Directed by Geraldine Brophy, H.M.S. Pinafore will feature a fine cast of singers, and star respected theatre veteran George Henare as Sir Joseph Porter, Helen Medlyn (as Buttercup), Tizane McevOY (Josephine), Tainui Kuru (Ralph Rackstraw) and Paul Barrett (Captain Corcoran).
H.M.S. Pinafore’s extraordinary popularity in Britain, America and elsewhere was followed by the similar success of a series of Gilbert and Sullivan works, including The Pirates of Penzance and The Mikado. Their works, later known as the Savoy operas, dominated the musical stage on both sides of the Atlantic for more than a decade and continue to be performed today. The structure and style of these shows, particularly Pinafore, were much copied and contributed significantly to the development of modern musical theatre.
A satirical tale of forbidden love and shocking revelations of class and identity, H.M.S. Pinafore is one of the most enduringly popular of Gilbert and Sullivan’s great comic creations, with songs including ‘Little Buttercup’ and ‘He is an Englishman’.
Set aboard the ship H.M.S. Pinafore, the captain’s daughter, Josephine, is in love with a lower-class sailor, Ralph Rackstraw, despite her father wanting her to marry Sir Joseph Porter, the First Lord of the Admiralty. She abides by her father’s wishes at first, but Sir Joseph’s advocacy of the equality of humankind encourages Ralph and Josephine to overturn conventional social order. They declare their love for each other and eventually plan to elope. The captain discovers this plan, but, as in many of the Gilbert and Sullivan operas, a surprise disclosure changes things dramatically near the end of the story.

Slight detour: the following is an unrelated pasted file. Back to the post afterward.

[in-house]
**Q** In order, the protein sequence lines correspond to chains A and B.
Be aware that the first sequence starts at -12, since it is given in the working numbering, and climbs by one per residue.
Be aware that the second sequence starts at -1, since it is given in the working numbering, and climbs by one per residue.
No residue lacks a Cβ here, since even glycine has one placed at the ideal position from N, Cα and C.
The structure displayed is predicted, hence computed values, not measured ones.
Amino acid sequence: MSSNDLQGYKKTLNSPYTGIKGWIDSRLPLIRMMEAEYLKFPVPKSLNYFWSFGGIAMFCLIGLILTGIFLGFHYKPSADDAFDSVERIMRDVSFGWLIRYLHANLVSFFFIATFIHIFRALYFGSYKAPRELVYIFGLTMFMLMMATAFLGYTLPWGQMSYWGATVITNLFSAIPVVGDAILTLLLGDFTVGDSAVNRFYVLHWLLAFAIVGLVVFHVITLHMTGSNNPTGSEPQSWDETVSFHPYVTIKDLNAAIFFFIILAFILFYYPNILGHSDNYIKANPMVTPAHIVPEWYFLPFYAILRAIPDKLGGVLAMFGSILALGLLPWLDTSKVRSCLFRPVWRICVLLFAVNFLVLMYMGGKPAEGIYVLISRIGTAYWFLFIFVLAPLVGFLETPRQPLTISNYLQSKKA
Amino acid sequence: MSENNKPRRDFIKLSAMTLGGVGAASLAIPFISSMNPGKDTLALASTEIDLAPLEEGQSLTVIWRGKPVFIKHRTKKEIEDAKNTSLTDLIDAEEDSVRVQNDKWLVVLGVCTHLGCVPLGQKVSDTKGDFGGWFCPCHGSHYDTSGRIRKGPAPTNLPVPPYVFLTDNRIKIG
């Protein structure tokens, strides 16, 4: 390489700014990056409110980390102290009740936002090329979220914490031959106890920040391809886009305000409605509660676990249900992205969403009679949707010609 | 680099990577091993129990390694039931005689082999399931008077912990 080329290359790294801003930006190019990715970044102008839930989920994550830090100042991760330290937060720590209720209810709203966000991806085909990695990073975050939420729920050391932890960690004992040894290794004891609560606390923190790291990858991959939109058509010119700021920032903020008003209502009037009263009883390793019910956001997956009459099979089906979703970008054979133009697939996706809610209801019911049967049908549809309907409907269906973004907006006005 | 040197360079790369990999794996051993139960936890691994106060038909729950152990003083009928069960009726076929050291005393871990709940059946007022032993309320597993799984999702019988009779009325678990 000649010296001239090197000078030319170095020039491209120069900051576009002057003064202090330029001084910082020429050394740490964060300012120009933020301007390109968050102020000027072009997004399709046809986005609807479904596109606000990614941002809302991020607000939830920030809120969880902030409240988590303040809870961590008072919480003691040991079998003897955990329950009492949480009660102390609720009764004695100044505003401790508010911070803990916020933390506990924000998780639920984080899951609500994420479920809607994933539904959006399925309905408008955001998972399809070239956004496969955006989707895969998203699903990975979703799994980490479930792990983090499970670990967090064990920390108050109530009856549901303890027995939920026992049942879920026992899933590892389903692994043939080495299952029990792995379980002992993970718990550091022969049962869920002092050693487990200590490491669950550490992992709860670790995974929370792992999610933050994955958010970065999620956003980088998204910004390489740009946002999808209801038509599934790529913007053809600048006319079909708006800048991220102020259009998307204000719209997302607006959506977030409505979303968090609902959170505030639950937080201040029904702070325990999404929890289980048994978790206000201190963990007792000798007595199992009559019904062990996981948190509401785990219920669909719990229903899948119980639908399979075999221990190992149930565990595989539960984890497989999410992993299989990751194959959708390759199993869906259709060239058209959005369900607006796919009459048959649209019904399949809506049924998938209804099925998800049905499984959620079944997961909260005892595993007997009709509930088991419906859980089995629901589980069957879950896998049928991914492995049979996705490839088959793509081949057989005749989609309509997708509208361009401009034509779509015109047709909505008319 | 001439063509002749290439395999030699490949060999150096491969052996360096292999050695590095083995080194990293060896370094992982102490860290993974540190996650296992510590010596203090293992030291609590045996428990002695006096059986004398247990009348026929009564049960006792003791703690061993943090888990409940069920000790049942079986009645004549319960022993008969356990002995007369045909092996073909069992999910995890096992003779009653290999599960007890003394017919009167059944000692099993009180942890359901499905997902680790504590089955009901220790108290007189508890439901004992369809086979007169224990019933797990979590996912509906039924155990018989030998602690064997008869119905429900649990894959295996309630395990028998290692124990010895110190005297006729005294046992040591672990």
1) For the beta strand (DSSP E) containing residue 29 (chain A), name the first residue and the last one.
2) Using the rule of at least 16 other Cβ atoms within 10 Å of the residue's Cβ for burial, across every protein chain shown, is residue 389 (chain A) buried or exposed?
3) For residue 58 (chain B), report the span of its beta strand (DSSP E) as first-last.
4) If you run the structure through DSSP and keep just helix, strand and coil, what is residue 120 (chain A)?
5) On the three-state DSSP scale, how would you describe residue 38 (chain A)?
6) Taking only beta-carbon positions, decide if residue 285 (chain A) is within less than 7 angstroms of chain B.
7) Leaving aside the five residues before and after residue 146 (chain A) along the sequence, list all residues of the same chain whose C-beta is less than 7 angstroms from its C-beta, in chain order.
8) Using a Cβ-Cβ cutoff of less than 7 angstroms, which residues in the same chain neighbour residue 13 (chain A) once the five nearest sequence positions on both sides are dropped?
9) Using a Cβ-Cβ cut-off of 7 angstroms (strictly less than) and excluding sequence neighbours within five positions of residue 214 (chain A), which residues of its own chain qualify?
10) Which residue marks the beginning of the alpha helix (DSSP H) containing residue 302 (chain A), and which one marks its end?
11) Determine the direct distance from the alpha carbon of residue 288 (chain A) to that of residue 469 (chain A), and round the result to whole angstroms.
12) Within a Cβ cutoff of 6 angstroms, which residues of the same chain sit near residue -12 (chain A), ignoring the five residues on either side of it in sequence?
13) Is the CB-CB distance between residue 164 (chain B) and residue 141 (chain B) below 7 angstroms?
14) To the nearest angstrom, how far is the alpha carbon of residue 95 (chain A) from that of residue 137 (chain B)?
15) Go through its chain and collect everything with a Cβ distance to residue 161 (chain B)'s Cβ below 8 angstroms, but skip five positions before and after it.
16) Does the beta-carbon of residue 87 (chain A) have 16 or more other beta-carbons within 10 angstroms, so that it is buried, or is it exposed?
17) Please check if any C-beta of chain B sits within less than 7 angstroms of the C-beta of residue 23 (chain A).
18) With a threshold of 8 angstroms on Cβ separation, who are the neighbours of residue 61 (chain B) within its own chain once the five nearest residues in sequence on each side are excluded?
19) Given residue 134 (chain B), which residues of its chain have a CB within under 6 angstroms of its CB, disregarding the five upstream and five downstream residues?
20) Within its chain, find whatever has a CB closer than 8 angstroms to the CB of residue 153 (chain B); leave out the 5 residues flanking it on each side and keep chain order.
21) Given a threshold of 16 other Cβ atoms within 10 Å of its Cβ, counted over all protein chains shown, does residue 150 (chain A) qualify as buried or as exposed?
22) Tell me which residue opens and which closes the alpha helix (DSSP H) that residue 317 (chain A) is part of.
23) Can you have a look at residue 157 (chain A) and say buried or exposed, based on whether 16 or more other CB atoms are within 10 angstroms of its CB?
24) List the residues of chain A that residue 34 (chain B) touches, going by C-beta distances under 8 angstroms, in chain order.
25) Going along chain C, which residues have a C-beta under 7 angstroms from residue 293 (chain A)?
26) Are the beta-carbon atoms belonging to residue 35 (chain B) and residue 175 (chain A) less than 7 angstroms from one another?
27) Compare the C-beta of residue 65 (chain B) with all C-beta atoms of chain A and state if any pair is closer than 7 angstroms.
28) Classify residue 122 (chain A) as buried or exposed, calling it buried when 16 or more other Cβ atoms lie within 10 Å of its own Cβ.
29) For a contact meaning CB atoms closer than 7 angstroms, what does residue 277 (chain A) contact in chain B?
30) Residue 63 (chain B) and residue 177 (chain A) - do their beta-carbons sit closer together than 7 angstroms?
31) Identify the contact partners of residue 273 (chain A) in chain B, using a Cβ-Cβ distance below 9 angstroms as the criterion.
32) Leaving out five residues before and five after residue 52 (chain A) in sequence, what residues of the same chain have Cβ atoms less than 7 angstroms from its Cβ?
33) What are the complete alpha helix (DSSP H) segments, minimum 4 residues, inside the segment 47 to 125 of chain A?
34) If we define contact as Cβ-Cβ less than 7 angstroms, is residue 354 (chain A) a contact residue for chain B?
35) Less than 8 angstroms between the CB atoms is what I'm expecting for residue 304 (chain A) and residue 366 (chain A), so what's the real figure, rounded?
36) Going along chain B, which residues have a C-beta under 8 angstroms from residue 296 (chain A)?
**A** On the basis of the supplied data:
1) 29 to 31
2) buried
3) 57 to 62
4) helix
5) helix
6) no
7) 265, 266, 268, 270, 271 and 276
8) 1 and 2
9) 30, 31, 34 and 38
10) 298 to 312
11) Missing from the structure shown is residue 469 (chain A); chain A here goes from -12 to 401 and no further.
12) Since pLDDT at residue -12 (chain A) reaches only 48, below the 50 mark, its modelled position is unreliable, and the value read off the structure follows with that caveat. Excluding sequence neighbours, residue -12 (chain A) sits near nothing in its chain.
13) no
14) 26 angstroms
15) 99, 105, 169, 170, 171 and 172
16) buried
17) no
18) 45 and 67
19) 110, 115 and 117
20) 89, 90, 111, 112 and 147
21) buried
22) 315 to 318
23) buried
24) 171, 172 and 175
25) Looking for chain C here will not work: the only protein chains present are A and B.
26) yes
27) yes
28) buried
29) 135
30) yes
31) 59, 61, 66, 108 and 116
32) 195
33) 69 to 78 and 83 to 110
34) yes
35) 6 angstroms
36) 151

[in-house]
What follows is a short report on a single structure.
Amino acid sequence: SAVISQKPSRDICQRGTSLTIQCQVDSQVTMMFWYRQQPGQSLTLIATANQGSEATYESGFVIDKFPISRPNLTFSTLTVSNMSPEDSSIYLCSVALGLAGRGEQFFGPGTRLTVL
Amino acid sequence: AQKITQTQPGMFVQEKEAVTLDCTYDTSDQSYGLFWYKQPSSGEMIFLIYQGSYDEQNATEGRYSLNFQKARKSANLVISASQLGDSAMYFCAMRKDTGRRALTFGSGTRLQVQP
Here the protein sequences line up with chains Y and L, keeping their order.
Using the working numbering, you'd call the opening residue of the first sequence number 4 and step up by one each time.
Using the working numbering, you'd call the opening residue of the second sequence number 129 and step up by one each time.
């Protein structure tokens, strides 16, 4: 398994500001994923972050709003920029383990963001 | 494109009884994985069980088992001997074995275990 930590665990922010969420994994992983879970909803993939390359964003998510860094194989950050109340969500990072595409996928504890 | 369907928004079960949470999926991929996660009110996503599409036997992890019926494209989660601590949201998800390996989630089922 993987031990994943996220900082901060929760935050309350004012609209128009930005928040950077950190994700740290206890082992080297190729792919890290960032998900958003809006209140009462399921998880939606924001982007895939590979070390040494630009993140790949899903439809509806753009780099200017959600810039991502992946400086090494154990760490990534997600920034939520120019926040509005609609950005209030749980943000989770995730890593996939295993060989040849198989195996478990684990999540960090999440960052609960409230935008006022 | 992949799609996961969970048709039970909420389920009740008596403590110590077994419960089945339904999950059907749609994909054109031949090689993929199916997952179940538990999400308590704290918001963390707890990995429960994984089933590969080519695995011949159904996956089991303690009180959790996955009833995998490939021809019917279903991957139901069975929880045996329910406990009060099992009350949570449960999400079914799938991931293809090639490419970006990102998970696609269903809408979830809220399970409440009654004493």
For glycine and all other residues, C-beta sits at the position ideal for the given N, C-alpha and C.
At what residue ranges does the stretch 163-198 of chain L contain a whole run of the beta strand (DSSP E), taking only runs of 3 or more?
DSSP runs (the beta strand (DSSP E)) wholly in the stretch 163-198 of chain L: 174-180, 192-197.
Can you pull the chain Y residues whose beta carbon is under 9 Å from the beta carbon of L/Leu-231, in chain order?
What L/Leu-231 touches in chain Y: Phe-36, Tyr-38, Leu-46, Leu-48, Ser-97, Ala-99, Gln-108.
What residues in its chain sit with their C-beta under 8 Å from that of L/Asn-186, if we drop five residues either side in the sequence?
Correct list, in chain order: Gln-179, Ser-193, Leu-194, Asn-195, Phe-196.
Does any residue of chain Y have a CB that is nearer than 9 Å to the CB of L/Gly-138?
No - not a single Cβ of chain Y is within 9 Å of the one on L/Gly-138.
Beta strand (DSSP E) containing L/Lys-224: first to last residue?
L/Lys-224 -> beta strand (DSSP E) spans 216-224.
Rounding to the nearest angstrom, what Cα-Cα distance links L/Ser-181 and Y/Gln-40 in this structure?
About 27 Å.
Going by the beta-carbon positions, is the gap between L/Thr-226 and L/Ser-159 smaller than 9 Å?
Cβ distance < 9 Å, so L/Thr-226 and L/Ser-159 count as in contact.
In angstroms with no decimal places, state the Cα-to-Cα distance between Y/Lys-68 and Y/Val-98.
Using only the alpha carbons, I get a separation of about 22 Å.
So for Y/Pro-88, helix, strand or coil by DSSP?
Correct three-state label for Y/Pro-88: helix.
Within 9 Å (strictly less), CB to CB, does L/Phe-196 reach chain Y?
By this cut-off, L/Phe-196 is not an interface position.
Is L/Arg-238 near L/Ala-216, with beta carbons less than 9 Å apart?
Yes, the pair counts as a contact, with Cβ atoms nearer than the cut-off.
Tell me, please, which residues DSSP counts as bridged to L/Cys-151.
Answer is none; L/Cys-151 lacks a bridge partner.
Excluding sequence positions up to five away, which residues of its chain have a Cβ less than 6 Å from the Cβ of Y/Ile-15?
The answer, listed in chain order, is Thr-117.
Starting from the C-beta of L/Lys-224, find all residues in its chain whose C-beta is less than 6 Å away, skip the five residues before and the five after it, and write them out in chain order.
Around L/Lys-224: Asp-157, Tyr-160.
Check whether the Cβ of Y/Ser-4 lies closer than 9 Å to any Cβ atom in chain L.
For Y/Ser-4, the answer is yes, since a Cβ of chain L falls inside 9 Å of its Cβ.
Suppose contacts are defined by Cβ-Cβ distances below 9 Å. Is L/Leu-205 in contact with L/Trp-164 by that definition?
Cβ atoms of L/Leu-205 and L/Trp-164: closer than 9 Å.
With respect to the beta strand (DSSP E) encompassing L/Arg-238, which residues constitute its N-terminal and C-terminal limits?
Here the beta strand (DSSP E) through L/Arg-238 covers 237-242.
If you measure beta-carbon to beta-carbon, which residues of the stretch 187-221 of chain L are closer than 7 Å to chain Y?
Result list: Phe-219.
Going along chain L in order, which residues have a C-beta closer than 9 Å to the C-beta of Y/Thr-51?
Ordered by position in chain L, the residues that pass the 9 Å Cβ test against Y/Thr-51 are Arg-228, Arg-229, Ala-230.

Drawing on several of his earlier “Bab Ballad” poems, Gilbert imbued this plot with mirth and silliness. The show’s humour focuses on the love between members of different social classes and lampoons the British class system in general. Pinafore also pokes good-natured fun at patriotism, party politics, the Royal Navy, and the rise of unqualified people to positions of authority. The title of the piece comically applies the name of a garment for girls and women, a pinafore, to the fearsome symbol of a naval warship.
Blenheim – April 8 – ASB Theatre
Nelson – April 9 – Theatre Royal
Wellington – April 10 – Opera House
Whangarei -April 12 – Forum North
Kerikeri – April 13 – The Turner Centre
Auckland – April 14 – The Bruce Mason Centre
Rotorua – April 15 – Sir Howard Morrison Performing Arts Centre
Gisborne – April 16 – War Memorial Hall
Napier – April 17 – Municipal Theatre
Tauranga – April 18 – Baycourt Theatre
Hamilton – April 19 – Founders Theatre
New Plymouth – April 21 – TSB Showplace
Palmerston North -April 22 – Regent on Broadway
Kapiti – April 23 – Southwards Theatre
Lower Hutt -April 24 – Lower Hutt Little Theatre
Ashburton -April 26 – Events Centre
Oamaru – April 27 – Opera House
Invercargill – April 28 – Civic Theatre
Dunedin – April 29 – Regent Theatre
Timaru – April 30 – Theatre Royal
Christchurch – May 1st – Isaac Theatre Royal